You’ll notice on Walkscore that Minneapolis offers roughly 3x more highly walkable urban neighborhoods than others even when they’re a good deal larger (the only we have in common with Indianapolis is that both cities rhyme). That’s because urban business districts have and are further being revitalized for businesses to move in so that residents have places worth walking to.

    If the city wants to up that number to compete with coastal cities, which if scaled down in size would still offer more walkable nabes, it needs to address neighborhoods which are “amenity deserts” such as Shingle Creek and Diamond Lake where you can bet that the lack of walkable neighborhood amenities means residents are spending a lot more money in neighboring burbs and have to drive to them. A smattering of destinations throughout these areas similar to Kingsfield and parts of Powderhorn prove that it wouldn’t turn them into a high traffic area like Uptown.

    As far as biking as a year round cyclist I would like to see more aggressive measures taken like the North Greenway which would convert a street into a greenway for non-motoized traffic and lots more on-street bike corrals like the ones at Northbound and Birchwood. And don’t forget fixing bad bike infrastructure like 10th Downtown where the bike lane is squarely in the door zone and as a result where I won’t ride: door zone bike lanes should be totally eliminated one by one.

    Now with Cincinnati you have to understand that this is Ohio we’re talking about. Cincinnati is doing the standard one step forward two steps back approach to good urbanism. It brought back a couple of neighborhoods from the brink, Over-the-Rhine and Northside, so of course it had to drop the ball on the streetcar. Columbus couldn’t even get streetcars and/or light rail to fruition like Cincinnati did but they did make sure that ODOT could widen a 2 mile stretch of downtown highway for $1.6 billion at the expense of a newly revitalized business district, and then Cleveland is excited about the “Opportunity Corridor” which will level about 100 homes and businesses for a high speed suburban arterial road for $300 million which comes to $100 million per mile to connect the highway to the University Circle neighborhood (and bypass those poor ones along the way).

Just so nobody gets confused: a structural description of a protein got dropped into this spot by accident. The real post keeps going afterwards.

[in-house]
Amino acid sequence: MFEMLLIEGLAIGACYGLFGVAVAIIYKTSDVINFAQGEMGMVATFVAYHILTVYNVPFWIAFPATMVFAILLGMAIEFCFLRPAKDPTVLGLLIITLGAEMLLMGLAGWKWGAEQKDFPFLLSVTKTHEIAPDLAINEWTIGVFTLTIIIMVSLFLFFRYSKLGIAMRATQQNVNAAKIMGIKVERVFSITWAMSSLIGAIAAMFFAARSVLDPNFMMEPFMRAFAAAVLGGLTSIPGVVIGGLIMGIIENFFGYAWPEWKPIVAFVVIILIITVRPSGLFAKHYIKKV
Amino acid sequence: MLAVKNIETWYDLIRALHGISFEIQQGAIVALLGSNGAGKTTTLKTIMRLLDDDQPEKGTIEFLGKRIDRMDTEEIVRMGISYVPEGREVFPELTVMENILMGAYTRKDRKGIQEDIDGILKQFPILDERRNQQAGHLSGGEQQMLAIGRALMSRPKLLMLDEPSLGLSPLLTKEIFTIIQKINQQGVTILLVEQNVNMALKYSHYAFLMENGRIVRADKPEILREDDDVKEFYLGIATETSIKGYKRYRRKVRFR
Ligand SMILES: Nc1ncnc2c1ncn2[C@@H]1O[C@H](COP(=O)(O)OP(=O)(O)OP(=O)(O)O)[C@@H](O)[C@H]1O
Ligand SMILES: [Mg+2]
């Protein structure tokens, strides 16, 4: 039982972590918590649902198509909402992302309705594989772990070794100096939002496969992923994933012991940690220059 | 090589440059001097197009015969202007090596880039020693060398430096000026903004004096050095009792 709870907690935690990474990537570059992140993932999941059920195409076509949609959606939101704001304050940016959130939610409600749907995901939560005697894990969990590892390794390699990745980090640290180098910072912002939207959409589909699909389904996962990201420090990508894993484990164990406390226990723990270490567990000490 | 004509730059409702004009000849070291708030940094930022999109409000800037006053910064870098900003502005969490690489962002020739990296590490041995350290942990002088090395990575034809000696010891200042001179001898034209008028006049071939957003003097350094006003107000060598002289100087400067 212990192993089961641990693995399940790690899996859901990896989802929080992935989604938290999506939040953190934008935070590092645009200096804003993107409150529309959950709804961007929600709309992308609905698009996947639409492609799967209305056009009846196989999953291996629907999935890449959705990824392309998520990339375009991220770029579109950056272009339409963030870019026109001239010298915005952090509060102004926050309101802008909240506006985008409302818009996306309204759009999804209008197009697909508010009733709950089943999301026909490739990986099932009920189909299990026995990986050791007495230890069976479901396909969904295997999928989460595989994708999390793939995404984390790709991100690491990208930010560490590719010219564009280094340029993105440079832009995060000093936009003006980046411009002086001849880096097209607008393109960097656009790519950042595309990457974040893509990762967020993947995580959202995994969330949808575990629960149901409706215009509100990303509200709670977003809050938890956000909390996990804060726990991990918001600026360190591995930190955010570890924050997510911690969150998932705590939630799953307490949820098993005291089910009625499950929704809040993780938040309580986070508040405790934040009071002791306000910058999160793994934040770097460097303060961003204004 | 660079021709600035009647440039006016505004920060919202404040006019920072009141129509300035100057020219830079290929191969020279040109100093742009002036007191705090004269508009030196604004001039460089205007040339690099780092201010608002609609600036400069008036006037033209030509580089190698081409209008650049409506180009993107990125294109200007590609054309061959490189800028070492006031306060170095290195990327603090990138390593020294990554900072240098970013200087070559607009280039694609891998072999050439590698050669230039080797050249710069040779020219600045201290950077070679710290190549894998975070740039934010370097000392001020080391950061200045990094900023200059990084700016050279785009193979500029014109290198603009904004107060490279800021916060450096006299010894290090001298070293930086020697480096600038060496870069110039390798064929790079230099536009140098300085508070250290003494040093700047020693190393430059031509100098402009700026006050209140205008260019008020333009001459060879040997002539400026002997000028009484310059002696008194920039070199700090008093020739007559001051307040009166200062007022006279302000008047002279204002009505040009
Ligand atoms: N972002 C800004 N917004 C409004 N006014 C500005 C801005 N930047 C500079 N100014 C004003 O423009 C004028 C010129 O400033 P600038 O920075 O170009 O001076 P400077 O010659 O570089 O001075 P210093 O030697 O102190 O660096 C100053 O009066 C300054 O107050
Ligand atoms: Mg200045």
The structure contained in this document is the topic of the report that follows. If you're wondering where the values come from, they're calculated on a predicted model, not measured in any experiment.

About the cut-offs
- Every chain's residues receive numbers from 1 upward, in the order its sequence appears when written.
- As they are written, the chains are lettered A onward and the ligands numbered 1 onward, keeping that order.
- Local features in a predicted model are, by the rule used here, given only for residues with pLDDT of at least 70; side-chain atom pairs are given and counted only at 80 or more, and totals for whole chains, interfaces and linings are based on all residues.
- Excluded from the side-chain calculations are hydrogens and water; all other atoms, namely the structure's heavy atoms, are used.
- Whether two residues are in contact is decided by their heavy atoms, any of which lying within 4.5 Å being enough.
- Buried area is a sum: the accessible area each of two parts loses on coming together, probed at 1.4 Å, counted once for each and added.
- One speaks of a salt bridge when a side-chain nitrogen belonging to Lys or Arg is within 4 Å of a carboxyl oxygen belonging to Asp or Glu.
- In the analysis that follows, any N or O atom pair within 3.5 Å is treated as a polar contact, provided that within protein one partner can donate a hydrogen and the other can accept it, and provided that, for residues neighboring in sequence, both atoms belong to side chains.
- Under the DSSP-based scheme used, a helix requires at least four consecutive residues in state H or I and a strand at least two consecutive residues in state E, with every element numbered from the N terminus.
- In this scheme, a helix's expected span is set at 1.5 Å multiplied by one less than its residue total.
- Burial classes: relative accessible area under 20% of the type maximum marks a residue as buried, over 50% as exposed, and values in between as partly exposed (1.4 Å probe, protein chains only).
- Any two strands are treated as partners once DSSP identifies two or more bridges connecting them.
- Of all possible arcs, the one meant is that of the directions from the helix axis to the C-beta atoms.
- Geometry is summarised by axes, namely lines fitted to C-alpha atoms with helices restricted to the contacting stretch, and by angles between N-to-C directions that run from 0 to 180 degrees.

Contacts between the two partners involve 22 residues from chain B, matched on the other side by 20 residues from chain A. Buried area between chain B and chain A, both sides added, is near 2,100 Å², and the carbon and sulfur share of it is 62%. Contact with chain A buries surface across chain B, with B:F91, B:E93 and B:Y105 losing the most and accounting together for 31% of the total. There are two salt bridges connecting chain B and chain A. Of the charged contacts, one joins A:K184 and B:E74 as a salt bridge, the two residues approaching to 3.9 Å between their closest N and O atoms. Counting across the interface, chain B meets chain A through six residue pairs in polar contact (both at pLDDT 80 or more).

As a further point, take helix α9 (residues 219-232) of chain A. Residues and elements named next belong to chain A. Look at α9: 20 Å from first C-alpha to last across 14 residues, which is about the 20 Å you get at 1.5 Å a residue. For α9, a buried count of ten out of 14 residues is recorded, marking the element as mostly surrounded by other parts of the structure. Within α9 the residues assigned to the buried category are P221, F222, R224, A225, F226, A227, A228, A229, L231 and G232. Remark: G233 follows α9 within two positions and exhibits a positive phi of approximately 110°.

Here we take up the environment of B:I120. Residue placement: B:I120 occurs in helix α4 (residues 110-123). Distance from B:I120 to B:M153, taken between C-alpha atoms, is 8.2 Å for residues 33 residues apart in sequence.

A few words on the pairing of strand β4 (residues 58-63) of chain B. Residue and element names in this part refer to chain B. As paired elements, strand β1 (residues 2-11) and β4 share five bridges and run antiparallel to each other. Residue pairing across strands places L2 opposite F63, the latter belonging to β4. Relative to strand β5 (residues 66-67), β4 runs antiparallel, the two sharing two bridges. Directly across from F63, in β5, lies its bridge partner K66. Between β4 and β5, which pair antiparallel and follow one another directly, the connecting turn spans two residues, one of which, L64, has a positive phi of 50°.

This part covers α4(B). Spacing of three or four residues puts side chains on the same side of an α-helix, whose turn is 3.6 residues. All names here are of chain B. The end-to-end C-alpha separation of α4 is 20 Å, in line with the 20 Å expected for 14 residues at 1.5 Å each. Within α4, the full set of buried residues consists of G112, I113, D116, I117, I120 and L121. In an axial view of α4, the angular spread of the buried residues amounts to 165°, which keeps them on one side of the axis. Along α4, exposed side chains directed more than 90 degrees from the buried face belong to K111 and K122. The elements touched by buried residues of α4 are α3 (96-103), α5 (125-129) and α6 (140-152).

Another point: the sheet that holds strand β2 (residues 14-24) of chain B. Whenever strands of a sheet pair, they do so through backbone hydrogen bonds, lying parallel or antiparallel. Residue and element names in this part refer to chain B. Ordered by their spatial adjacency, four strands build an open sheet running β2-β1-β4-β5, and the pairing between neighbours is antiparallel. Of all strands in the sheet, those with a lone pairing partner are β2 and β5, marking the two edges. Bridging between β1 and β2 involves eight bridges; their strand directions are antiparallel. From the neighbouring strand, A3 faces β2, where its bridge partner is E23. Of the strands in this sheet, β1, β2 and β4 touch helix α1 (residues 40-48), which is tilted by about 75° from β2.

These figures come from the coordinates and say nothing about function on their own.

Minneapolis simply needs to take big steps forward to measure favorably in just about every category to urbane cities on the coasts and leave its Midwestern competition further behind in the dust. Being ranked among European cities would be nice too.